• After several years in which Republicans used the progressive "defund the police" slogan to attack Democrats as weak on crime, the pro-Trump dynamic has complicated GOP messaging in the final weeks of midterm campaigning.

What they're saying: "At a time of rising crime, Republicans must be the party of law and order and supporting law enforcement. Itโ€™s absurd and dangerous that some Republicans would betray those principles and adopt the failed rhetoric of the far-left,โ€ Hogan told Axios.

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4. ๐Ÿ‘€ Pompeo: "We've got a team in Iowa"

Photo: Brandon Bell/Getty Images

Former Secretary of State Mike Pompeo โ€” who is also making no secret of his 2024 presidential ambitions โ€” created rare daylight between himself and Trump in a wide-ranging interview with RealClearPolitics' Philip Wegmann:

  • China: Pompeo gave President Biden a rare B+ on his policies toward Beijing, praising the administration for pursuing key elements of the "strategic framework" he left behind.
  • Mar-a-Lago probe: "Anybody who takes classified information outside of the places it is supposed to be, should give that information back," the former CIA chief told Wegmann โ€” though he also called the FBI's search of Trump's Florida residence "an overtly political act."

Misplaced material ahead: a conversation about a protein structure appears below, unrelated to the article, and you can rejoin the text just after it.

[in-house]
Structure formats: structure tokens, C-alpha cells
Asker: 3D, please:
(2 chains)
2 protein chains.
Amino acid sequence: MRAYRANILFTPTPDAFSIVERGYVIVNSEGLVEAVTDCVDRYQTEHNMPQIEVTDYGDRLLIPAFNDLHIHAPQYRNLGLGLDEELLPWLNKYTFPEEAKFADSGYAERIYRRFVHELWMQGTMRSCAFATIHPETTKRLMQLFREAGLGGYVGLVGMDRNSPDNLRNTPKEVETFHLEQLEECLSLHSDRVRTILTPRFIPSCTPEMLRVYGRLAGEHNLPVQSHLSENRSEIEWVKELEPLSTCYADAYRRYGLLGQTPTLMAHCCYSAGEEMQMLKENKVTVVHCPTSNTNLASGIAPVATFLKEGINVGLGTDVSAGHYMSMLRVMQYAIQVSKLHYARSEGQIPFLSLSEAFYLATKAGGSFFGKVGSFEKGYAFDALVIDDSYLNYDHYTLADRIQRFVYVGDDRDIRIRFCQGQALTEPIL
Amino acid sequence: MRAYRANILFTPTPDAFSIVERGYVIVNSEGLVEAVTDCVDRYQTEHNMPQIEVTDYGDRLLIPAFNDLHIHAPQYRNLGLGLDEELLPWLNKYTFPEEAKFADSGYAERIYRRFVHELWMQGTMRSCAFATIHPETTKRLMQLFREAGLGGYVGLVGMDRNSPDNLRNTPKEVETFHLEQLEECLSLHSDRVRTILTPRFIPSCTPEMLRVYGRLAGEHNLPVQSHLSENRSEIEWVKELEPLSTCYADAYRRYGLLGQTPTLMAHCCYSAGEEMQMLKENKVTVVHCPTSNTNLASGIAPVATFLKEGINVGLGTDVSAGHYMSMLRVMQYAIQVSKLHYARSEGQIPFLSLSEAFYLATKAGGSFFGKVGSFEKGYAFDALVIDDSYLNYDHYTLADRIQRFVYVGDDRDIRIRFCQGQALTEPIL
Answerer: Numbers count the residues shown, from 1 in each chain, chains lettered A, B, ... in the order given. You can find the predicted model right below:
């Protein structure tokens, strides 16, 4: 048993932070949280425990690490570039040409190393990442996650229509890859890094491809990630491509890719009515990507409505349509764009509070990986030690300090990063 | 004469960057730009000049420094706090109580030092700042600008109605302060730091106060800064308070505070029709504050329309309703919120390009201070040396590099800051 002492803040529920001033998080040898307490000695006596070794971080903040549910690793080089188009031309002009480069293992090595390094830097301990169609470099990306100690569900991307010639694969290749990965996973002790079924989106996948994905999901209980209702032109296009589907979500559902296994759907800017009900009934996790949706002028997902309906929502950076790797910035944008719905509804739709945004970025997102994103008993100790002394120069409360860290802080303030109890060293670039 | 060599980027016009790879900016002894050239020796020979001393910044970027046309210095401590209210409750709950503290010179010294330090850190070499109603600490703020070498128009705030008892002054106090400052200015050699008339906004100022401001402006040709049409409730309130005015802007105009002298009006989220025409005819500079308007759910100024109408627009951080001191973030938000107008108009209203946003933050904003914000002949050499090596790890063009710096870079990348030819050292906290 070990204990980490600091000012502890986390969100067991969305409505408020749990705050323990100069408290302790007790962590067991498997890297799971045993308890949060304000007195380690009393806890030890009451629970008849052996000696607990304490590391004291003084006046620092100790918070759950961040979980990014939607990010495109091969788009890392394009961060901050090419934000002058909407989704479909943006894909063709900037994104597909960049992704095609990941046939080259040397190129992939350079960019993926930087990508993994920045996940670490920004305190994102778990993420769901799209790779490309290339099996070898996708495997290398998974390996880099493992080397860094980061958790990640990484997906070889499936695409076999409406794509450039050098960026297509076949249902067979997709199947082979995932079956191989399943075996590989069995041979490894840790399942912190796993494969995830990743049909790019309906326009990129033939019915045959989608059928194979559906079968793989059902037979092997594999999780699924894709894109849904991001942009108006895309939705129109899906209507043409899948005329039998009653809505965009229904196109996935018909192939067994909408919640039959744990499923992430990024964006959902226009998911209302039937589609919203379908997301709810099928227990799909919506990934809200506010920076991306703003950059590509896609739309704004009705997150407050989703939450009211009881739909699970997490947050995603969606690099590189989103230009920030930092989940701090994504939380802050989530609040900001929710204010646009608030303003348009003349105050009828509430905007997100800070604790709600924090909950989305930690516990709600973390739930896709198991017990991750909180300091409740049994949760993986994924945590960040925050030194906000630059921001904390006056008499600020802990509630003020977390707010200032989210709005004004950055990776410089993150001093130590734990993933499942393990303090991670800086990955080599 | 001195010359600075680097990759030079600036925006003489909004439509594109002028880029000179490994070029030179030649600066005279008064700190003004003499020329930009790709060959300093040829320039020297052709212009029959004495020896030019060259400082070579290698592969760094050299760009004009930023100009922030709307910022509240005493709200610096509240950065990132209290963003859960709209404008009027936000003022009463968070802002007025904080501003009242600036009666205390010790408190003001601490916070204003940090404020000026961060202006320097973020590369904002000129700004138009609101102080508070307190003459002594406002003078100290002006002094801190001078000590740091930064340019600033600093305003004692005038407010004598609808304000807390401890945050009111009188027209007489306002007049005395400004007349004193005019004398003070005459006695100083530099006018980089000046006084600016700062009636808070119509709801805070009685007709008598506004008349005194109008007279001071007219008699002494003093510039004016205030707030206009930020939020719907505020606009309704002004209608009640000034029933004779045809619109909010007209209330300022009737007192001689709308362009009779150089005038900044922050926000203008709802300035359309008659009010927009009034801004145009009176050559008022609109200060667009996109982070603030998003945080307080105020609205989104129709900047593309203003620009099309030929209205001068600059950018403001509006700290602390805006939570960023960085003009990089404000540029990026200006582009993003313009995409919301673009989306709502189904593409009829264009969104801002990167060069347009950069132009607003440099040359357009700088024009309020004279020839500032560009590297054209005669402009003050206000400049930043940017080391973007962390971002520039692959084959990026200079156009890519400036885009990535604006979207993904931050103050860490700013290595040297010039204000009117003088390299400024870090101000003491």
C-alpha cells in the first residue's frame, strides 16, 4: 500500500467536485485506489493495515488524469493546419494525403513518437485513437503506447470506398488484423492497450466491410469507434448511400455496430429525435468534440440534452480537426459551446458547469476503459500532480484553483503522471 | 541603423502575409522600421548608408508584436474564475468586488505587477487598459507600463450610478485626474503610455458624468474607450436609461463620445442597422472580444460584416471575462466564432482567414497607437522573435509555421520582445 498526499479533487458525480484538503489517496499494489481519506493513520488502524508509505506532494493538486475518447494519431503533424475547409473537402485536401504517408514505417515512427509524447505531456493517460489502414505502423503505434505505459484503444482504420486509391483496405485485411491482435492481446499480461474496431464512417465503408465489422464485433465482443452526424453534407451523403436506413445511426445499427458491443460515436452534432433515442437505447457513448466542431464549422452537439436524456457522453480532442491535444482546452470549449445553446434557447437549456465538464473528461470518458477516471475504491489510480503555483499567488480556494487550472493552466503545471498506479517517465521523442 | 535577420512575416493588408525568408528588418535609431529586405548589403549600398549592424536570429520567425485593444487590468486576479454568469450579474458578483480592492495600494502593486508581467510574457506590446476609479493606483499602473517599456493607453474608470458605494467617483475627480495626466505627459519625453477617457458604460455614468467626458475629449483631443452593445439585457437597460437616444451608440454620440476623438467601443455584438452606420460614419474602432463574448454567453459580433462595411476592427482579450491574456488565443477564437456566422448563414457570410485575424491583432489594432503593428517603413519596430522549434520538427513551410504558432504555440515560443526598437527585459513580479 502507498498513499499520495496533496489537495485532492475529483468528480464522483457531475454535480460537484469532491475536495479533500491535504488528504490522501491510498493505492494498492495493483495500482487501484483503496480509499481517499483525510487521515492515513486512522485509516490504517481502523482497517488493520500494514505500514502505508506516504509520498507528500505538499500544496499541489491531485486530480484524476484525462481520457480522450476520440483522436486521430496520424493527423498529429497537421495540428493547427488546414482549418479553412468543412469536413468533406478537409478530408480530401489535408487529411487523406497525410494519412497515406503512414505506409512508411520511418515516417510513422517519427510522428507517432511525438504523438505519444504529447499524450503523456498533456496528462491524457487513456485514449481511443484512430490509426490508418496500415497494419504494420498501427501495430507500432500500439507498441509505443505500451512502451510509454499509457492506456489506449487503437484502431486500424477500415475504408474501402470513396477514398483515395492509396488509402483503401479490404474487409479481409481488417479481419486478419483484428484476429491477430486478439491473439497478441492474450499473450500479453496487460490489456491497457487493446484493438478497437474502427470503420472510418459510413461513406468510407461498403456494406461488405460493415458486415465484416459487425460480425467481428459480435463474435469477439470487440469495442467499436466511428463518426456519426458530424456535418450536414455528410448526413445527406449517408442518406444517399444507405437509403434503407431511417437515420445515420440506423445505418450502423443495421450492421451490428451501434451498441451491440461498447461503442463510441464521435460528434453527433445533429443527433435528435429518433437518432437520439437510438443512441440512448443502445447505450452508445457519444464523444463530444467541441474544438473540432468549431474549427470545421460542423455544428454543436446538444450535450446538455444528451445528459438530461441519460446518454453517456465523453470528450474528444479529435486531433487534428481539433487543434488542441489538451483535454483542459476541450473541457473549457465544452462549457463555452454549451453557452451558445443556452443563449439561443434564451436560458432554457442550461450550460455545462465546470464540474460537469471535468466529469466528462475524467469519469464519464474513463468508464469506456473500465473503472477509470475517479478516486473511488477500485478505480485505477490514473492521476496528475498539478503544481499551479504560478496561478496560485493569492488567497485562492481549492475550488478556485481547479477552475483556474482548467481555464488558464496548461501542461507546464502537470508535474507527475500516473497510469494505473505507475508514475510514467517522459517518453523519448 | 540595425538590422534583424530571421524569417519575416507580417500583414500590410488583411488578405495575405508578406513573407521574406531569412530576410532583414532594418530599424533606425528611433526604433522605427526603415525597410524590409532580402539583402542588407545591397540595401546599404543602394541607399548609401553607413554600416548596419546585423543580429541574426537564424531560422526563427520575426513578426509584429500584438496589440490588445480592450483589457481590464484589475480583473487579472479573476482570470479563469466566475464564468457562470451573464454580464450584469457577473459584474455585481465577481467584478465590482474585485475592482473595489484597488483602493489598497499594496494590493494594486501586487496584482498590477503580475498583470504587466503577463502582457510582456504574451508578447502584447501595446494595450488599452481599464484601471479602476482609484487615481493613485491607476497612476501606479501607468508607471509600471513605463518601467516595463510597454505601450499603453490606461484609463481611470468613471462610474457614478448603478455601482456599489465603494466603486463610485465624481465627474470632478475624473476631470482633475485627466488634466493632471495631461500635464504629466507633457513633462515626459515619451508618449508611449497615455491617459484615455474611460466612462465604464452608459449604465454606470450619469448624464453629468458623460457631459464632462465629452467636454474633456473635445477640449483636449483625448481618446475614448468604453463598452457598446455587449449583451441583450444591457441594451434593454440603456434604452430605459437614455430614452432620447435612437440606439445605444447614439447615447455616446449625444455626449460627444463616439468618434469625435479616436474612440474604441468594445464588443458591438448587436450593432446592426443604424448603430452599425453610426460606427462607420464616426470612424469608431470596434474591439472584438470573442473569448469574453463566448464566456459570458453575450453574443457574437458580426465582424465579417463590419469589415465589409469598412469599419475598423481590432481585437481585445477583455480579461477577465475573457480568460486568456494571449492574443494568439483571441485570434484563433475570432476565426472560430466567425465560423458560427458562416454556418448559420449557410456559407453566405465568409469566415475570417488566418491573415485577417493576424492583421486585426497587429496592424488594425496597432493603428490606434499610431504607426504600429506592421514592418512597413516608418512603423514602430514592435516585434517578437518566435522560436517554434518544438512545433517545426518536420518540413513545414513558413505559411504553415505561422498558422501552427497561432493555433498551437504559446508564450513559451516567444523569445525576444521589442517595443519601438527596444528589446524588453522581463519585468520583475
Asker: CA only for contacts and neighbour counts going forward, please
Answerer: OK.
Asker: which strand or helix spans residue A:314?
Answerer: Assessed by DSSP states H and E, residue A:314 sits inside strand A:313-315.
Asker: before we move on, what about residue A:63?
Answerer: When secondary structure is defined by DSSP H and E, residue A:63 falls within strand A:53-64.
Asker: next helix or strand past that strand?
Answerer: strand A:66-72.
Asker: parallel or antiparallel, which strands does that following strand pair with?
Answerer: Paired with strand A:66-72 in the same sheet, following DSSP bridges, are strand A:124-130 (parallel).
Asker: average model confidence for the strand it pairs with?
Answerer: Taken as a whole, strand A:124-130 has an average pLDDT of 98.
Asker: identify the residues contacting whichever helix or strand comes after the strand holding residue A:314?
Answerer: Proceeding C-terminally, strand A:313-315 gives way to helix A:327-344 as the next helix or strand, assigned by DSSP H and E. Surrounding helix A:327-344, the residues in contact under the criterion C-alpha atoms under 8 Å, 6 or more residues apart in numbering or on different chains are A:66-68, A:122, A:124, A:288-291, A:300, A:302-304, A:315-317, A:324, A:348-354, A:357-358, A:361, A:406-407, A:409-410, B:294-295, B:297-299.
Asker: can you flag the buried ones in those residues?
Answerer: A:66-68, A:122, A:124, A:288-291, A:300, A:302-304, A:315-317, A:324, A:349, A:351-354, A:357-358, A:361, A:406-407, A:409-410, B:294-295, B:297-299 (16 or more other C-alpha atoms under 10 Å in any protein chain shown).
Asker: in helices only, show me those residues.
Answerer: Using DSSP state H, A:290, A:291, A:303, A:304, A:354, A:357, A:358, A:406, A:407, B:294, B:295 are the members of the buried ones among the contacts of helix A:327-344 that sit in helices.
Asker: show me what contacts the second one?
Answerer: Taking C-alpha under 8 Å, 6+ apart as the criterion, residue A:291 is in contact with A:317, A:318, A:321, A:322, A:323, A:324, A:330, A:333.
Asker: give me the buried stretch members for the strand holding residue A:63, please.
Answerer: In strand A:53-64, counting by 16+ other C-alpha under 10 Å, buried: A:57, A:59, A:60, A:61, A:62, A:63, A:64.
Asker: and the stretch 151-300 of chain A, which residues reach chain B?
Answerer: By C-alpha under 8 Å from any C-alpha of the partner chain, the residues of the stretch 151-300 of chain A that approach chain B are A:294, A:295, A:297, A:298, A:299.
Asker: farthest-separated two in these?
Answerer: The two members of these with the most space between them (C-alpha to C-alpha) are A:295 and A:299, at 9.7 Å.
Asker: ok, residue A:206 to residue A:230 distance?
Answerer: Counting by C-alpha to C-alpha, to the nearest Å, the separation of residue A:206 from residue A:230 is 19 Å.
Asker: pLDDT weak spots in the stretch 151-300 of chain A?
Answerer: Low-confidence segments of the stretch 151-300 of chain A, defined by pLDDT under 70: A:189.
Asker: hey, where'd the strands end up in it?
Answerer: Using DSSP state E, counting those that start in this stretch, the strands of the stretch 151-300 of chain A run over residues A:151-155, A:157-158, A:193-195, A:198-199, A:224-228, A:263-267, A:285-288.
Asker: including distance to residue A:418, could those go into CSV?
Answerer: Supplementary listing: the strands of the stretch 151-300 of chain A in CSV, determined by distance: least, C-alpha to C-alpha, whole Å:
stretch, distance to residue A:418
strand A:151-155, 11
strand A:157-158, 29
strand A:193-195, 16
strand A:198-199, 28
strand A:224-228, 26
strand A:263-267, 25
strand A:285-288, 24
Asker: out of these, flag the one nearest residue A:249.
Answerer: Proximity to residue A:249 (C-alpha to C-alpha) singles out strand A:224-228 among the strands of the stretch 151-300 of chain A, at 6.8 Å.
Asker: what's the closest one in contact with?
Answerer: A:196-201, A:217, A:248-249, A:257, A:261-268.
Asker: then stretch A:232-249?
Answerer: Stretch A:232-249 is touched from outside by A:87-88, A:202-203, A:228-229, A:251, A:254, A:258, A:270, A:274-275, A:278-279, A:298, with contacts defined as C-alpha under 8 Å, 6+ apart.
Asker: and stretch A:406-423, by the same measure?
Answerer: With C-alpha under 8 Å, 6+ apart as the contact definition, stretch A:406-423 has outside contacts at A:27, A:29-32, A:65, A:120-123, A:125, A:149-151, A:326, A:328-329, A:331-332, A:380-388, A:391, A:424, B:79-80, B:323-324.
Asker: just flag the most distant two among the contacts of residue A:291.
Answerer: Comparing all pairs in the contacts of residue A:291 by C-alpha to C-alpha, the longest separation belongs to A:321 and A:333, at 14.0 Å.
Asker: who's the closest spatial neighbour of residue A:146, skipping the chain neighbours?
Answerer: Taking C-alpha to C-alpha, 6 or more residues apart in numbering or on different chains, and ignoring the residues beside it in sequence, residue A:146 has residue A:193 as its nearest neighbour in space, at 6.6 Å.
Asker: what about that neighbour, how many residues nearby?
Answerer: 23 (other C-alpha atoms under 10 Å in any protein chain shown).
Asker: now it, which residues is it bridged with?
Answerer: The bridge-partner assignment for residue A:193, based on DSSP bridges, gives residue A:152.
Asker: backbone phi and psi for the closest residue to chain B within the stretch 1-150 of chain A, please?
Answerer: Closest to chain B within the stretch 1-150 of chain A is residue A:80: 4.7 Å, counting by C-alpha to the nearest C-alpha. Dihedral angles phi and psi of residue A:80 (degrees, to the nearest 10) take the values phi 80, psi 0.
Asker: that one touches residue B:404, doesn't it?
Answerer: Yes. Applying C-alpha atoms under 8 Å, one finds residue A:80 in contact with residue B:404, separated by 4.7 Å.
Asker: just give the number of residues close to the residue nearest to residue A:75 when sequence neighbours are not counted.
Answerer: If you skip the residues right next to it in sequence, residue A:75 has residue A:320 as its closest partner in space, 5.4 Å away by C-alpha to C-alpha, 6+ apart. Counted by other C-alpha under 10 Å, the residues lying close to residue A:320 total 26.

• Trump's GOP attacks: Pompeo dismissed the recent baseless allegations by his former boss that Senate Minority Leader Mitch McConnell and his wife, former Transportation Secretary Elaine Chao, were working to "get rich on China."

5. ๐ŸŒŽ Pics du jour

Biden Cabinet meeting
Photo: Evan Vucci/AP

Above: President Biden assembled his Cabinet today to discuss how his administration would implement his signature legislative achievements passed in the final months before the midterms.

John Podesta
Photo: Kevin Dietsch/Getty Images

The newest face: Senior adviser John Podesta, who has been tapped to oversee roughly $370 billion in clean energy and climate-related investments passed in the Inflation Reduction Act.